Skip to main content

Many thanks to Steph Gentile and Buff Miller for their review and contributions to this article.

Groups ranging from small neighborhood projects to large national initiatives sometimes want to mobilize quickly to meet a community need or another charitable purpose. Many of those groups consider starting a nonprofit — that is, forming a new entity that qualifies as a tax-exempt charitable organization under Section 501(c)(3) of the United States Internal Revenue Code. Would-be U.S. nonprofit founders often have questions about how to start a nonprofit, and how to accelerate the process.

Baseline: The regular process

Under normal circumstances, forming a new entity and obtaining an IRS tax-exempt determination letter takes anywhere from a few weeks to 10 months or longer, depending upon a variety of circumstances including the IRS’s current volume of requests. After forming a legal entity (usually, a nonprofit corporation under state law), the organization will fill out and submit an application for tax-exempt status on IRS Form 1023. A typical application package is 50 – 100 pages long, including both a lengthy application form and dozens of pages of attachments. The organization must then pay a $600 filing fee and can expect to be contacted by the IRS within 180 days of submission with confirmation of receipt.

Donations received prior to the entity’s application receiving approval from the IRS will generally be retroactively treated as tax-deductible contributions if the entity’s application is approved. Such donations will not be tax-deductible if the entity’s application is rejected by the IRS. Accordingly, many potential donors will insist on the receipt by the entity of a favorable determination letter from the IRS before contributing to the entity.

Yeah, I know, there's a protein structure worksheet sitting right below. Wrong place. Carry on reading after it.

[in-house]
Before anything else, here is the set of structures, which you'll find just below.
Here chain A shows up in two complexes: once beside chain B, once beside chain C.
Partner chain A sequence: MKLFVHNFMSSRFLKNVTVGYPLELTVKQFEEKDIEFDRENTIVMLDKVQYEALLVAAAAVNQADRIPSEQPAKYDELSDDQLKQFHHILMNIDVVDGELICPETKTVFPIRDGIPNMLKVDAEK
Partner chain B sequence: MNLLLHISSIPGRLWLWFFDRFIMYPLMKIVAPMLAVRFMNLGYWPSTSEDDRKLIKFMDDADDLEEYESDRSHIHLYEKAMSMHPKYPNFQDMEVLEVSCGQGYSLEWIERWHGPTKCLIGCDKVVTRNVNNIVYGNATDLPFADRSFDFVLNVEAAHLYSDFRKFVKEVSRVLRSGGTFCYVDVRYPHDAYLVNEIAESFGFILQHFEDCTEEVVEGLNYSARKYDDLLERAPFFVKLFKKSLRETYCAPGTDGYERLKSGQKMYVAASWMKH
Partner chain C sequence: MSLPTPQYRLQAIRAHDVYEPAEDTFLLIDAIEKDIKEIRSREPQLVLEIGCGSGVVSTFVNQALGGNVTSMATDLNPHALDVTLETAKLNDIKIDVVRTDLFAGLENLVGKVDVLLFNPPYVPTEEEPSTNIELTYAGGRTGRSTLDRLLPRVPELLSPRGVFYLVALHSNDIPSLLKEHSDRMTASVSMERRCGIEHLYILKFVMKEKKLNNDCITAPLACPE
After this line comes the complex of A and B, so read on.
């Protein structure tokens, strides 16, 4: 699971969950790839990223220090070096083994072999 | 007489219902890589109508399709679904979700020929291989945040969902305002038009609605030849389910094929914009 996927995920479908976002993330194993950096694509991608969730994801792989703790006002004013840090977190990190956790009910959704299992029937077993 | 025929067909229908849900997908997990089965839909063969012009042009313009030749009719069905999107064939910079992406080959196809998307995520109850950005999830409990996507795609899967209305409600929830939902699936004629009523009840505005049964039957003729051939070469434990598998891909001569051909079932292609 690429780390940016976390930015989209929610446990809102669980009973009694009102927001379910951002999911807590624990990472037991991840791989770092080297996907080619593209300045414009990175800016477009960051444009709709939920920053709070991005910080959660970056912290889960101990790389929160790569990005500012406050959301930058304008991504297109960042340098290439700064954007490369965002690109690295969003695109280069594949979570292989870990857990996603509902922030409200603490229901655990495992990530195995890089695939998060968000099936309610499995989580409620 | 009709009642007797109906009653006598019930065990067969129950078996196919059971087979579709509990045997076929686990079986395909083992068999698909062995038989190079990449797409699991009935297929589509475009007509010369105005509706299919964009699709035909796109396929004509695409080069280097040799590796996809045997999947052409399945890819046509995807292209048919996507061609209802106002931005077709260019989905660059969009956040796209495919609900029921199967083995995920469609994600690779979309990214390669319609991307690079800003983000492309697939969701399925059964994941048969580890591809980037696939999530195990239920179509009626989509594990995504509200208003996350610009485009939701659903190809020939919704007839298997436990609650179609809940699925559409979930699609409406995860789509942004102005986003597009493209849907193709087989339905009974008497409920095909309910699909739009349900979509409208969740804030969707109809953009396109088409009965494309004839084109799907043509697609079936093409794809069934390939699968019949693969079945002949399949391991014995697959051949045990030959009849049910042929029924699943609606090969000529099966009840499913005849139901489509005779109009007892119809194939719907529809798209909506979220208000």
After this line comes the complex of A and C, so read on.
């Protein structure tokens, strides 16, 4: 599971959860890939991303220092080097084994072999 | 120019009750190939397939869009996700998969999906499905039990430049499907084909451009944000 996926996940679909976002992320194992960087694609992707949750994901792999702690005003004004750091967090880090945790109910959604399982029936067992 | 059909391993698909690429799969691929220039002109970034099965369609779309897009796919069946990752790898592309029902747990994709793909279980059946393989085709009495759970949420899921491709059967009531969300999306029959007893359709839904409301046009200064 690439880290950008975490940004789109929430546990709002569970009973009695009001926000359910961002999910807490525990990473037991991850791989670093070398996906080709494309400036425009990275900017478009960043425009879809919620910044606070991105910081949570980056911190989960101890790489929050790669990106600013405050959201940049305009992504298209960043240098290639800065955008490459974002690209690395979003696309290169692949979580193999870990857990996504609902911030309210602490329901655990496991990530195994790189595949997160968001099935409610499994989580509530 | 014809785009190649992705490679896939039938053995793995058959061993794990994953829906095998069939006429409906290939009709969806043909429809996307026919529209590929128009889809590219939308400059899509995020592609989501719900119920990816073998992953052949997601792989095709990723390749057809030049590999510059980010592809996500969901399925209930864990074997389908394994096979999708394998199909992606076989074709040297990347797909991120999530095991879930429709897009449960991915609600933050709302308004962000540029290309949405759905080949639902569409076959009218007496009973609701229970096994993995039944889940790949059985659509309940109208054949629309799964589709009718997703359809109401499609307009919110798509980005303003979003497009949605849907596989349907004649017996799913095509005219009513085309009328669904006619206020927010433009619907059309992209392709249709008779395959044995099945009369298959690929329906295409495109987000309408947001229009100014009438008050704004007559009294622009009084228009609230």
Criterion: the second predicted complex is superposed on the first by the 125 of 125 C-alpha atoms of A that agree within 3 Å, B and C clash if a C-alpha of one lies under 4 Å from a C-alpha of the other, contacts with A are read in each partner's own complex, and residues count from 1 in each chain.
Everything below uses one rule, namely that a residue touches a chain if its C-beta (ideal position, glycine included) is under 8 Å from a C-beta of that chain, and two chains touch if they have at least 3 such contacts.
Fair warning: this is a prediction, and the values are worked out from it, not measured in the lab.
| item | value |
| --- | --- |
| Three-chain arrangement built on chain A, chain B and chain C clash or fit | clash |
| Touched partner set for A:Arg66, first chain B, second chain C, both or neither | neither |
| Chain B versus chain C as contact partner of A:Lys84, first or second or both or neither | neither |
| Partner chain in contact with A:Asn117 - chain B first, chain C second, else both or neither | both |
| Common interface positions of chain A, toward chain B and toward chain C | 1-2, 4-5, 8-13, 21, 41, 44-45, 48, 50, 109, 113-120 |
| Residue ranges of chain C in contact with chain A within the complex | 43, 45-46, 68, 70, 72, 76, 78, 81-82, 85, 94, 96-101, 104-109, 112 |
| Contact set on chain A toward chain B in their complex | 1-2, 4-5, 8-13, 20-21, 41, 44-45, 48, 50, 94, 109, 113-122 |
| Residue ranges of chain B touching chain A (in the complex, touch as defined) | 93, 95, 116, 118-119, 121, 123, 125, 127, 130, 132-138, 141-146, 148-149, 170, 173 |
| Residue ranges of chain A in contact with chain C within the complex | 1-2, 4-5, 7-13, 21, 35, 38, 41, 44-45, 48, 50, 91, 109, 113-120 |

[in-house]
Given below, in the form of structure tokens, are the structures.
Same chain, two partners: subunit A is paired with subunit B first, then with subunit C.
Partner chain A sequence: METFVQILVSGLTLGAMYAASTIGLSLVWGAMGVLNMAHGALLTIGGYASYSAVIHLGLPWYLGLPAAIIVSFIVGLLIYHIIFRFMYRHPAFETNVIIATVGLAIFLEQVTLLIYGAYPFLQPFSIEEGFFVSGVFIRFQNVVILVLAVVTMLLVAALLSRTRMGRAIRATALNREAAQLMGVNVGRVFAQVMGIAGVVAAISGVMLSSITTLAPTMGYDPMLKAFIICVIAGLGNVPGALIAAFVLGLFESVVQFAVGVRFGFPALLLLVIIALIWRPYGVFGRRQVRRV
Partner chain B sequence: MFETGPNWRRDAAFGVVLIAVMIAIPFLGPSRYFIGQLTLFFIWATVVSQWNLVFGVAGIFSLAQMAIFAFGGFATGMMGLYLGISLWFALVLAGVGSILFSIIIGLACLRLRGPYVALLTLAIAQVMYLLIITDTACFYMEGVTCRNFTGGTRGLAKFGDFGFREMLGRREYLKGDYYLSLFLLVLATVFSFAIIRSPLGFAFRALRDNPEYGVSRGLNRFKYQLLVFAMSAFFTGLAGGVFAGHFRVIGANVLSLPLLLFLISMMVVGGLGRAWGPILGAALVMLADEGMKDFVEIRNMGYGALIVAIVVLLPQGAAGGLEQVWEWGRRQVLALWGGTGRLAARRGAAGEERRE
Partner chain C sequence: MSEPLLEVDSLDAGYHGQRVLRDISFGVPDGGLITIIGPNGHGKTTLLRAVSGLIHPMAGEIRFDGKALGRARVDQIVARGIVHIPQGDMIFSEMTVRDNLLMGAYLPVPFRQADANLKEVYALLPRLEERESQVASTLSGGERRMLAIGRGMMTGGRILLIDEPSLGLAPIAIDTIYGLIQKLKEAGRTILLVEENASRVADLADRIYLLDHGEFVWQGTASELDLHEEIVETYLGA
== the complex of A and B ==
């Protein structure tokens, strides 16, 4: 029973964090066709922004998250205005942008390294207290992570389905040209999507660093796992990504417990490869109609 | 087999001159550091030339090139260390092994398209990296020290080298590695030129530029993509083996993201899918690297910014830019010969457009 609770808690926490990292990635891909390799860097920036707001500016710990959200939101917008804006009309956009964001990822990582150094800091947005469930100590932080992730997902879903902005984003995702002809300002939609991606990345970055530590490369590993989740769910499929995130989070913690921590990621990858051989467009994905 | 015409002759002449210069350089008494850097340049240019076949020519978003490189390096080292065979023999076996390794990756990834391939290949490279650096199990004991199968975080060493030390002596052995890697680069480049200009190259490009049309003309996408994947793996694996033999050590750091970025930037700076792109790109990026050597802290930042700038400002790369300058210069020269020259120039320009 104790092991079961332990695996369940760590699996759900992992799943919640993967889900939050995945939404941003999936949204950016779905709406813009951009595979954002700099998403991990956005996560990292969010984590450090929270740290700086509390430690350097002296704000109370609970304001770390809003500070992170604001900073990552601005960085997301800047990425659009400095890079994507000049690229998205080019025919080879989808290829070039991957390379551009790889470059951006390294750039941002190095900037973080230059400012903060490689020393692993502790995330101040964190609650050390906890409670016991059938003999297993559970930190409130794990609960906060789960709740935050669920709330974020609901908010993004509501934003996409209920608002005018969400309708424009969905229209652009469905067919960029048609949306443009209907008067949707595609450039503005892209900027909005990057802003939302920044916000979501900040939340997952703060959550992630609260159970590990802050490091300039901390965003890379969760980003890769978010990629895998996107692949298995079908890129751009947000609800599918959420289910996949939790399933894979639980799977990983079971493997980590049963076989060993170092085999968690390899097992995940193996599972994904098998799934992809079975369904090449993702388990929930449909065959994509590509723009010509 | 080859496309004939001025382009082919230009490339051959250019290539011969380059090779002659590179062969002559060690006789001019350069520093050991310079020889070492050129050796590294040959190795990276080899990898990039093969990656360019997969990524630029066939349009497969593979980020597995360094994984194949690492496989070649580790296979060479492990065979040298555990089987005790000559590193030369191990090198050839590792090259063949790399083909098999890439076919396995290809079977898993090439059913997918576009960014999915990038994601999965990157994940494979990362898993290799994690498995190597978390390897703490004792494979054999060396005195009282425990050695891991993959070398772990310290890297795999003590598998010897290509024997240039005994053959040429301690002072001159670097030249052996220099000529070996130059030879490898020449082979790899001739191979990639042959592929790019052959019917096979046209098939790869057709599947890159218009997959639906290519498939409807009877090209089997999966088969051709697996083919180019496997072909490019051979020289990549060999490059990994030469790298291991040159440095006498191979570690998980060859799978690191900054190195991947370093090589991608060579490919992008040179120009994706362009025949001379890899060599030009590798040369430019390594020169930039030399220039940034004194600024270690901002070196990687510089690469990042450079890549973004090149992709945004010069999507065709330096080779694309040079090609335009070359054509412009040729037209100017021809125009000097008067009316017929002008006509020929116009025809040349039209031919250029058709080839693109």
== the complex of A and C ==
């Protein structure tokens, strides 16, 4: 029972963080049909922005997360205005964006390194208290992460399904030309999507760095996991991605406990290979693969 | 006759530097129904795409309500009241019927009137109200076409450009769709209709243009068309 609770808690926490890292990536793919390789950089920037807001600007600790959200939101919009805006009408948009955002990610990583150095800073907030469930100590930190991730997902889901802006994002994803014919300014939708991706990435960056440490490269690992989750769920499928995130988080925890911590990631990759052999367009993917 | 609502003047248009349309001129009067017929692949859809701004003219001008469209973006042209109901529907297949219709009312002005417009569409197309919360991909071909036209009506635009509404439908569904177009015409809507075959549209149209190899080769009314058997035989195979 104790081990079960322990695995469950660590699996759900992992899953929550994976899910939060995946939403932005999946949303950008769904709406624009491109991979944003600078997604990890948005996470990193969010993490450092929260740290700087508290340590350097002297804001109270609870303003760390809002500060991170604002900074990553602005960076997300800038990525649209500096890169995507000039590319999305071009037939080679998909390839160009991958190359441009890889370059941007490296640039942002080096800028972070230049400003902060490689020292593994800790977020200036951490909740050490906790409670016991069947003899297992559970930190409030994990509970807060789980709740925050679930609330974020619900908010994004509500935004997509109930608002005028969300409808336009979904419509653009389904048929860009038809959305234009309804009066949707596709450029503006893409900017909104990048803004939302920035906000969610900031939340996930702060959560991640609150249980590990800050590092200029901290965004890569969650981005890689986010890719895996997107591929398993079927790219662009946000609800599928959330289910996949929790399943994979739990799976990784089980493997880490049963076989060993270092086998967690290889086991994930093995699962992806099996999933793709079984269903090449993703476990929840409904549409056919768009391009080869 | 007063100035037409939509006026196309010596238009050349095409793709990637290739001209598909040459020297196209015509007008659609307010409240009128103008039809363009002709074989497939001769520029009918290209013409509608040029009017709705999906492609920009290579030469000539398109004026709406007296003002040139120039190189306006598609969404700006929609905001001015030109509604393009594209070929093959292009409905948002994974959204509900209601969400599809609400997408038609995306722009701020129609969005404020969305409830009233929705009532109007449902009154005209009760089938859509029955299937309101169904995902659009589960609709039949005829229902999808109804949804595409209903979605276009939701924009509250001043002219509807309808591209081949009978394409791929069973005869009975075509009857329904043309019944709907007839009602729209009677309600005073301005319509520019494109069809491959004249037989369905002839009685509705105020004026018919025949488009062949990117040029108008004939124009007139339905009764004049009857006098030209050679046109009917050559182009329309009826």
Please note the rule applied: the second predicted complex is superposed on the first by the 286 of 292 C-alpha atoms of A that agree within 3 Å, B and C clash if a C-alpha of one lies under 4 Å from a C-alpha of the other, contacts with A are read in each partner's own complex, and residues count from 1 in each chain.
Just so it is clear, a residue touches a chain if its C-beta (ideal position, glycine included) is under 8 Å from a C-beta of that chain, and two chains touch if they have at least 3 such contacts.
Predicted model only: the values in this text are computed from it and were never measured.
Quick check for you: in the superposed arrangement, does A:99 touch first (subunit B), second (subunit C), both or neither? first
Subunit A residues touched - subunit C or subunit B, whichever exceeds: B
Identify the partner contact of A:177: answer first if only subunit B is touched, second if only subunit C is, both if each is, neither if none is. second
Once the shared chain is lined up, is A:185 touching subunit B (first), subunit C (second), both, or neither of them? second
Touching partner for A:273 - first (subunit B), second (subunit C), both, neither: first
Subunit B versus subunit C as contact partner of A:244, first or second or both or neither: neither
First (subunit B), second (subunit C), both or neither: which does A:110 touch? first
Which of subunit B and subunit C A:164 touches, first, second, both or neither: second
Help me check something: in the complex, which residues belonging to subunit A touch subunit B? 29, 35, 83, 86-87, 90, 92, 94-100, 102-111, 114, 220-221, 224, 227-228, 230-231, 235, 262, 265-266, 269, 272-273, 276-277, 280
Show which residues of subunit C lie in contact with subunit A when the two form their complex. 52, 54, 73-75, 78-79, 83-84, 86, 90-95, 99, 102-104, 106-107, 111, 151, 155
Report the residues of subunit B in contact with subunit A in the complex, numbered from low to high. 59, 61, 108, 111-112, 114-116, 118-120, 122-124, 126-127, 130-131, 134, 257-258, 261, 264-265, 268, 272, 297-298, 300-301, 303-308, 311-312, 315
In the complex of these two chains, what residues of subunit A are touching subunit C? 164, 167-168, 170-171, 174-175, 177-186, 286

Some faster alternatives

In the face of natural disasters, public health or humanitarian crises, and other urgent needs, many would-be founders of tax-exempt entities ask how they can expedite this process.

Expedited option 1: Partner with an existing tax-exempt entity

Often the fastest way to get up and running is to join forces with an existing tax-exempt entity that is already working on a similar or complementary mission. In such a partnership the founders, volunteers and donors of the new project do everything they would otherwise do with a new entity, but under the umbrella of the existing tax-exempt entity. In addition to the obvious cost savings on overhead expenses, the name recognition of the existing tax-exempt entity will frequently open doors that would not be available to a brand-new startup entity.

Expedited option 2: Set up a fiscal sponsorship with an existing tax-exempt entity